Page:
• Director of the Academic Division of Reproductive Endocrinology and Infertility in the Department of Obstetrics and Gynecology at McGill University
  • Associate member of the Department of Oncology, McGill University
  • Reproductive Endocrinology and Infertility Fellowship, Program Director


Dr. Holzer graduated from the Hebrew University and Hadassah Medical School in Jerusalem as Class Valedictorian in 1992.He was certified as a specialist in Obstetrics, Gynecology and Infertility by the Scientific Committee of the Israeli Medical Association. He also completed a clinical and research fellowship in Reproductive Endocrinology and Infertility at McGill University.

As a specialist Dr. Holzer served as a senior physician and a staff member in the Department of Obstetrics and Gynecology at Hadassah Medical Centre. He served as the Deputy Director of the IVF unit at Hadassah Mt. Scopus from 1998 to 2004 and was the founder and director of the fertility clinic in the city of Modi’in, where he also served as Medical Director of the Woman’s Health Centre. In addition, he was in charge of the instruction of medical students at the IVF and Obstetrics and Gynecology clinics.

Dr. Holzer received the Hebrew University and Hadassah School of Medicine Faculty Prize for Outstanding MD Thesis and the prize for outstanding research from the Israeli Society of Obstetrics and Gynecology. In 2003 he was named to the Rector’s list of Hebrew University as Outstanding Lecturer in Obstetrics and Gynecology. In 2007 he was awarded the James Fraser Jewell Memorial Fellowship. In 2008 he was awarded the Daniel Webster Fellowship prize for outstanding research in infertility. He is the author and co-author of many infertility-related papers and book chapters. Dr Holzer the editor of the Oncofertility section in the “ Current Oncology” journal, and acts as a reviewer for other medical journals.

Dr. Holzer joined the medical staff of the McGill Reproductive Centre in 2006. Dr Holzer has been the director of the Reproductive Endocrinology and Infertility Fellowship Program at McGill since 2008. In 2010 he was appointed as the Medical Director of the McGill University Health Center, Reproductive Center. His main interests are fertility preservation for cancer and non-cancer patients, in-vitro maturation of oocytes and a comprehensive team approach to infertility related issues.


Dr. Marc Isler

  • Clinical Professor of the department of surgery at the University of Montreal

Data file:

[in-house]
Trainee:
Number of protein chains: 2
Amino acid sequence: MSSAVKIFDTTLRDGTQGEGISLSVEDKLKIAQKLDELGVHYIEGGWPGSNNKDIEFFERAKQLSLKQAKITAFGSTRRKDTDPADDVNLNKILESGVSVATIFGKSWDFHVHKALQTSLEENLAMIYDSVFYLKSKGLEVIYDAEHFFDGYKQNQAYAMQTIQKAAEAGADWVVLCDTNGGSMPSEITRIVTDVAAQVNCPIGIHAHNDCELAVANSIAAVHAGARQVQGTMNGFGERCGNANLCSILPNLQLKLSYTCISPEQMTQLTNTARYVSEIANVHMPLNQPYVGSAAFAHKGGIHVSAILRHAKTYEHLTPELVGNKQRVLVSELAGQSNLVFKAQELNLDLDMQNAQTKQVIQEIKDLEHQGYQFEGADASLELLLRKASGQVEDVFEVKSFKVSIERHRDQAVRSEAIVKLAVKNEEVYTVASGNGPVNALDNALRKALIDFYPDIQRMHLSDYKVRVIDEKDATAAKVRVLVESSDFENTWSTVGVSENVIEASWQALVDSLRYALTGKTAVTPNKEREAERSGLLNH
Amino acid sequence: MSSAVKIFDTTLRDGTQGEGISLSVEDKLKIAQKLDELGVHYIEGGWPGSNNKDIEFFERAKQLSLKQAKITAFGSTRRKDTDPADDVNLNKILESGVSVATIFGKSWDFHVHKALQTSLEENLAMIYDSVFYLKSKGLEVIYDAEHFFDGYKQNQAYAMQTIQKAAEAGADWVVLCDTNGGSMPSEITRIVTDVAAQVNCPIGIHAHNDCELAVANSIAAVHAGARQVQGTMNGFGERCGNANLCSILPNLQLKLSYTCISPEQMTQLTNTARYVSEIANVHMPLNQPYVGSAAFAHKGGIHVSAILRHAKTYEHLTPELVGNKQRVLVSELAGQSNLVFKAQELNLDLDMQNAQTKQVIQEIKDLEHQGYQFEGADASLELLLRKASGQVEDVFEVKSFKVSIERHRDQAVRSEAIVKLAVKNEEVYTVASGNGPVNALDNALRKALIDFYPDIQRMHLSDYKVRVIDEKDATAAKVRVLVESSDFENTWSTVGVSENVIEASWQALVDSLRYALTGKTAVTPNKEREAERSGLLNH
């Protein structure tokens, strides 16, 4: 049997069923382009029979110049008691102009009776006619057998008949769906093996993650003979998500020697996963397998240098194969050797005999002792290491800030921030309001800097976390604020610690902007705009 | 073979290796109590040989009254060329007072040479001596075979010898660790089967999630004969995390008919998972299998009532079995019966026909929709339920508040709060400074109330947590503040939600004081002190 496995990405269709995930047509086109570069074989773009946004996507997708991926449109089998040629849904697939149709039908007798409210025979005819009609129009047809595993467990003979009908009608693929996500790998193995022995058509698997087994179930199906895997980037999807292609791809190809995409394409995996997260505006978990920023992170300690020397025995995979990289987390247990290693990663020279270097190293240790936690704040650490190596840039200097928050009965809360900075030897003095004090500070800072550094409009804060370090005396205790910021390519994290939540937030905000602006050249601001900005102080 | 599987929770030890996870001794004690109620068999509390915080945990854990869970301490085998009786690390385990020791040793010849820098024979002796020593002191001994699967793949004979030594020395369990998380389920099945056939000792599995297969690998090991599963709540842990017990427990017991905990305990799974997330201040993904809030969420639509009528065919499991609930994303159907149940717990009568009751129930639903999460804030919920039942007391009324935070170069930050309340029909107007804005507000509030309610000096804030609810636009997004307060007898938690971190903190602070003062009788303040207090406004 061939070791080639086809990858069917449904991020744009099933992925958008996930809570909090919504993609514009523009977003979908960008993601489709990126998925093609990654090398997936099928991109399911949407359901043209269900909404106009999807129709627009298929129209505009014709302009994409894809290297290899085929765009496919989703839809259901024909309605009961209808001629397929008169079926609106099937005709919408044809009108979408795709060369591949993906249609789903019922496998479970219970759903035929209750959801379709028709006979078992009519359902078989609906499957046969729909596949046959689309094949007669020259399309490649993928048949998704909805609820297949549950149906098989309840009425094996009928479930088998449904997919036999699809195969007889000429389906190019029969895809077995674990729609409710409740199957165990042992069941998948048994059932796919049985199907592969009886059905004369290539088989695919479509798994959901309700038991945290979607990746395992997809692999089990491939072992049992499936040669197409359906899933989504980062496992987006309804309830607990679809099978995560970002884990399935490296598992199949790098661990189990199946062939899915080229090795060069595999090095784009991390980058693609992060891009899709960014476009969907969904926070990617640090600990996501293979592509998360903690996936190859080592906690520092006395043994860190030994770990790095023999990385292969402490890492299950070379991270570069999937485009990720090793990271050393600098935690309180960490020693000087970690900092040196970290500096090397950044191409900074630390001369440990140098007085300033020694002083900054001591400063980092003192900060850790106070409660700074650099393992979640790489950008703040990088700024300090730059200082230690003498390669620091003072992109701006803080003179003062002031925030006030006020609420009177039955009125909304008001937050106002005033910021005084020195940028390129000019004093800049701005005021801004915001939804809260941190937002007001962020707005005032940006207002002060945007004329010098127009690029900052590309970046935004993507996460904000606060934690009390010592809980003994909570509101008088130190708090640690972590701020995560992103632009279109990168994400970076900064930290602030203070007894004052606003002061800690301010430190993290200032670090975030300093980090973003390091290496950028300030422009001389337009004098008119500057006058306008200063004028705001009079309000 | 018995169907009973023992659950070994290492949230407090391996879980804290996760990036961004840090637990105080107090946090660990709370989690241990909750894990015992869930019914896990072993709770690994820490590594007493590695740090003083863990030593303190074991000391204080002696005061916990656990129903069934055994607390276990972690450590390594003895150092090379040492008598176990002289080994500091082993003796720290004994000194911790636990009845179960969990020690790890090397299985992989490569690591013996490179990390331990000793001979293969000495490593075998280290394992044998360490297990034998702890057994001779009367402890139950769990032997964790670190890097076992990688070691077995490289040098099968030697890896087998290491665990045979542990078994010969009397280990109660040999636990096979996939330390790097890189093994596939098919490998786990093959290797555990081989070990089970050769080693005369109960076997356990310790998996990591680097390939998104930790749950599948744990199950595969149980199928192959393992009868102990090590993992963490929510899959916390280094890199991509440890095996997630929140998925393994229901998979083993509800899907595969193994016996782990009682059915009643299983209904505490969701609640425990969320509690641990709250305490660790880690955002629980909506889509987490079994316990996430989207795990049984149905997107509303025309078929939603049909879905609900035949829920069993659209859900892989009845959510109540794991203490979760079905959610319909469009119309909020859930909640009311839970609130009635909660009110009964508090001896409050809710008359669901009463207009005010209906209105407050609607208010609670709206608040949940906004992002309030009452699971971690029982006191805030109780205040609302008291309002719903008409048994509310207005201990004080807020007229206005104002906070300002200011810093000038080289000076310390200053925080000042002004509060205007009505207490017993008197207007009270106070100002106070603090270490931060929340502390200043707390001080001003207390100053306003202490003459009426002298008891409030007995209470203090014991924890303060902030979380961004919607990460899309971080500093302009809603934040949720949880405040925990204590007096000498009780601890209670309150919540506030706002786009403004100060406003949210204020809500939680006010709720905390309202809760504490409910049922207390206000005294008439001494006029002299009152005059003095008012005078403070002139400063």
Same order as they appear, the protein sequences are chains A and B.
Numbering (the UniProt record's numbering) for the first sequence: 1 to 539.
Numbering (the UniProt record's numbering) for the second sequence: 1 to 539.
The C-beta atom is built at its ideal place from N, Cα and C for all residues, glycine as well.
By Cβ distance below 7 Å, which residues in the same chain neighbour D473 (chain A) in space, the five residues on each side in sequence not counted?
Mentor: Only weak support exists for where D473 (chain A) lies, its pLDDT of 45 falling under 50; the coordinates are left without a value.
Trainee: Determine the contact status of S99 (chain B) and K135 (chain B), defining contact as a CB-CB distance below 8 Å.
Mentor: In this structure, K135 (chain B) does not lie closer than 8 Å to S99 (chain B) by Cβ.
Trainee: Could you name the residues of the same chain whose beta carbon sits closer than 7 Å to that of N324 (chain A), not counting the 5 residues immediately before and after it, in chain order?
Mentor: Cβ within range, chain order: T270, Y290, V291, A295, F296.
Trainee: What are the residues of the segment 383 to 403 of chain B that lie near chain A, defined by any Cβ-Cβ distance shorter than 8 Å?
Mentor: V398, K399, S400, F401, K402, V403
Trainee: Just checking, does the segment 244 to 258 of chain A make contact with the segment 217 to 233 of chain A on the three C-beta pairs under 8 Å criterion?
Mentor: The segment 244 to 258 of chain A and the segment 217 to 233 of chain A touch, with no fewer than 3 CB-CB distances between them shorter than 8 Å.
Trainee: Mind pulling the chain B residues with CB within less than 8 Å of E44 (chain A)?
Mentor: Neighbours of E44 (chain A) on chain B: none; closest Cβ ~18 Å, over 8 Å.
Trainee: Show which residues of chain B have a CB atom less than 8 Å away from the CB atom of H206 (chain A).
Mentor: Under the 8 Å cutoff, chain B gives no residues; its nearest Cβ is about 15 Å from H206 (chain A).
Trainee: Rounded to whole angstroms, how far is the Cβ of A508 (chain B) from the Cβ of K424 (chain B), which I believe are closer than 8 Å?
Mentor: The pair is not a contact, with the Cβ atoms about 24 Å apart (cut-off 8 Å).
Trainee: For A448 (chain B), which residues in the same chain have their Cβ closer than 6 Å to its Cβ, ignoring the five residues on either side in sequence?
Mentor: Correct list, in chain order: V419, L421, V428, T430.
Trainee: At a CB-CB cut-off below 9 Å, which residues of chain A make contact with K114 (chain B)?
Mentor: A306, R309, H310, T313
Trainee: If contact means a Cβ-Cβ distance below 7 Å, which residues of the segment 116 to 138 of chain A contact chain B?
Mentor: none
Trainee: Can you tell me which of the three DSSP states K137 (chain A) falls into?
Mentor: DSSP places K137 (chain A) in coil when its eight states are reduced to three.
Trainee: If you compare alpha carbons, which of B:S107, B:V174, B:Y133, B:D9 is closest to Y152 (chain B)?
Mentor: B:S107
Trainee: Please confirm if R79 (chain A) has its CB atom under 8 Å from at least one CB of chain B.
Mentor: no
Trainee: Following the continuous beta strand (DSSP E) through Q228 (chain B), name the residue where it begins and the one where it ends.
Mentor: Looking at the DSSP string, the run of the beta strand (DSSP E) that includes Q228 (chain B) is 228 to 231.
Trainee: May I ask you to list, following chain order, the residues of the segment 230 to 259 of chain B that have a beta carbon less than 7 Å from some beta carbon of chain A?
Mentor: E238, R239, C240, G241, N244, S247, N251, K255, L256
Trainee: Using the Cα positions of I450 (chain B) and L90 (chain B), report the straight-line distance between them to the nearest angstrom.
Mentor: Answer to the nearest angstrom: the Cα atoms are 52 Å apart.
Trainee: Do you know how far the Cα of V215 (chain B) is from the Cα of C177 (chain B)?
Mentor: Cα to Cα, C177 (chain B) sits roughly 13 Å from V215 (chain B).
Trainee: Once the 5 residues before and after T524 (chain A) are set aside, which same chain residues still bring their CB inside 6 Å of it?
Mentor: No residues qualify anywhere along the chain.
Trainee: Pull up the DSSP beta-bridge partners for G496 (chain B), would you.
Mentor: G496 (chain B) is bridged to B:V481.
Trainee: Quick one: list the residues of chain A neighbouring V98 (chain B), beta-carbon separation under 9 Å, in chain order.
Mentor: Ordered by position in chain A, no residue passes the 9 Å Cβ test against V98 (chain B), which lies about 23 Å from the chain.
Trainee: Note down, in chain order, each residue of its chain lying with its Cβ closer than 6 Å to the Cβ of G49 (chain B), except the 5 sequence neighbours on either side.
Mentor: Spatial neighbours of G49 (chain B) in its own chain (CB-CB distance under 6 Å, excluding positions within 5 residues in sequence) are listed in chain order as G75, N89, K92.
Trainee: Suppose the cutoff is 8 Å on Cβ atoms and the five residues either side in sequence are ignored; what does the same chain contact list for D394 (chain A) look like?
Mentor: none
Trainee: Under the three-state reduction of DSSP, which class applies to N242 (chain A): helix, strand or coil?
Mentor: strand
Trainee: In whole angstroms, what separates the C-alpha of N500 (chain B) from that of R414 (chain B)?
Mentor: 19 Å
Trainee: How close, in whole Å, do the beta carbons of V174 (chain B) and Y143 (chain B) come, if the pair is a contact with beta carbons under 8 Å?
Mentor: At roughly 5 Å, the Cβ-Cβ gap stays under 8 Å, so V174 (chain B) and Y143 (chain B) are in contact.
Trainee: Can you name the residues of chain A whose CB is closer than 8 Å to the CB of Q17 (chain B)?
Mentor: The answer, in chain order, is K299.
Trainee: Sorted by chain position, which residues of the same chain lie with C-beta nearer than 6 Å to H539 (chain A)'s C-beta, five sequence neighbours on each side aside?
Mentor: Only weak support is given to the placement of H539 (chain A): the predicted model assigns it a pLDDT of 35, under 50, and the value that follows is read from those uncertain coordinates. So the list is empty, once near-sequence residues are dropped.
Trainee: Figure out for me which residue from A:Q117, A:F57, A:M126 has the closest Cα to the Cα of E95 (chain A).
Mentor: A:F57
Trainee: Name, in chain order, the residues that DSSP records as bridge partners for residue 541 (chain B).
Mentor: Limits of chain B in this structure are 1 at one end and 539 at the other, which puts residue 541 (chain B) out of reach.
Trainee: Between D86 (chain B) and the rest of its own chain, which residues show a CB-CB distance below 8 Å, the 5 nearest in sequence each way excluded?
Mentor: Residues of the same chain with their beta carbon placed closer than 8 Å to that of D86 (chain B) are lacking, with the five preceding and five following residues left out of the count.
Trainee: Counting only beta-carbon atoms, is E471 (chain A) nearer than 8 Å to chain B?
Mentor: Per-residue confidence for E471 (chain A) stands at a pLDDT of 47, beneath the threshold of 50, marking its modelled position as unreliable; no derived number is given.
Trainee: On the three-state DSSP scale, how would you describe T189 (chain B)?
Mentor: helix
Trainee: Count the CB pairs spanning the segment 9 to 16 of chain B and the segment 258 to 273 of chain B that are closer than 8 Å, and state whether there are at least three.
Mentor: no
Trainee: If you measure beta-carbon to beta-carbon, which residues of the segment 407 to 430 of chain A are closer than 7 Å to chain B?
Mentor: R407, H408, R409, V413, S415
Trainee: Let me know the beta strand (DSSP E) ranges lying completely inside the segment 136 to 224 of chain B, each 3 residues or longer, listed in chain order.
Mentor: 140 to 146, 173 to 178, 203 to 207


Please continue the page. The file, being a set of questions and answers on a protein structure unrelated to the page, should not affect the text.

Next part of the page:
• Director of the orthopedic surgery program for the last 8 years
  • Lead the clinical care program for musculoskeletal cancer for the last 10 years

Currently practicing as an orthopedic oncologist, both at Hopital Sainte Justine (pediatric) and at Maisonneuve Rosemont in Montreal, the association with hemato-oncologists such as Dr. George E. Rivard made it natural to develop an interest in hemophilia and other bleeding disorders. For the last few years, he has assembled a team of motivated medical and paramedical team members to form a musculoskeletal clinic care program for PWH. This bridges the gap from pediatric to adult treatment settings. He has undertaken a long term project of prospective data collection to fuel evaluative research, with a particular accent in ankle pathology.

He works in association with experts such as Dr. George Etienne Rivard, Jean St. Louis and Nichan Zourikian. His mentors in this field include well known orthopedic surgeons such as Nicholas Goddard and Adolfo Llinas.


Dr. Nahum Sonenberg

  • James McGill Professor, Department of Biochemistry, McGill University

Dr. Sonenberg received his Ph.D. at the Weizmann Institute of Science (Rehovot, Israel). He then joined the Roche Institute of Molecular Biology in Nutley, New Jersey with a Chaim Weizmann postdoctoral fellowship. He moved to McGill University, Montreal, Canada, in 1979, and is today a James McGill Professor in the Department of Biochemistry and the Rosalind and Morris Goodman Cancer Research Centre.

Dr. Sonenberg’s primary research interests have been in the field of translational control. With Aaron Shatkin he identified the mRNA 5’ cap-binding protein, eIF4E, in 1978. He and his colleagues have studied the factors that recruit ribosomes to the mRNA. He discovered the IRES mechanism of translation initiation in eukaryotes, and the regulation of cap-dependent translation by eIF4E-binding proteins. He also discovered that eIF4E is a proto-oncogene, whose protein levels are elevated in tumors. Subsequently, he showed that rapamycin (an anti-cancer drug) inhibits eIF4E activity. While generating eIF4E binding protein ‘knock-out’ mice, he found that the protein plays important roles in metabolism, in learning and memory and in innate immunity.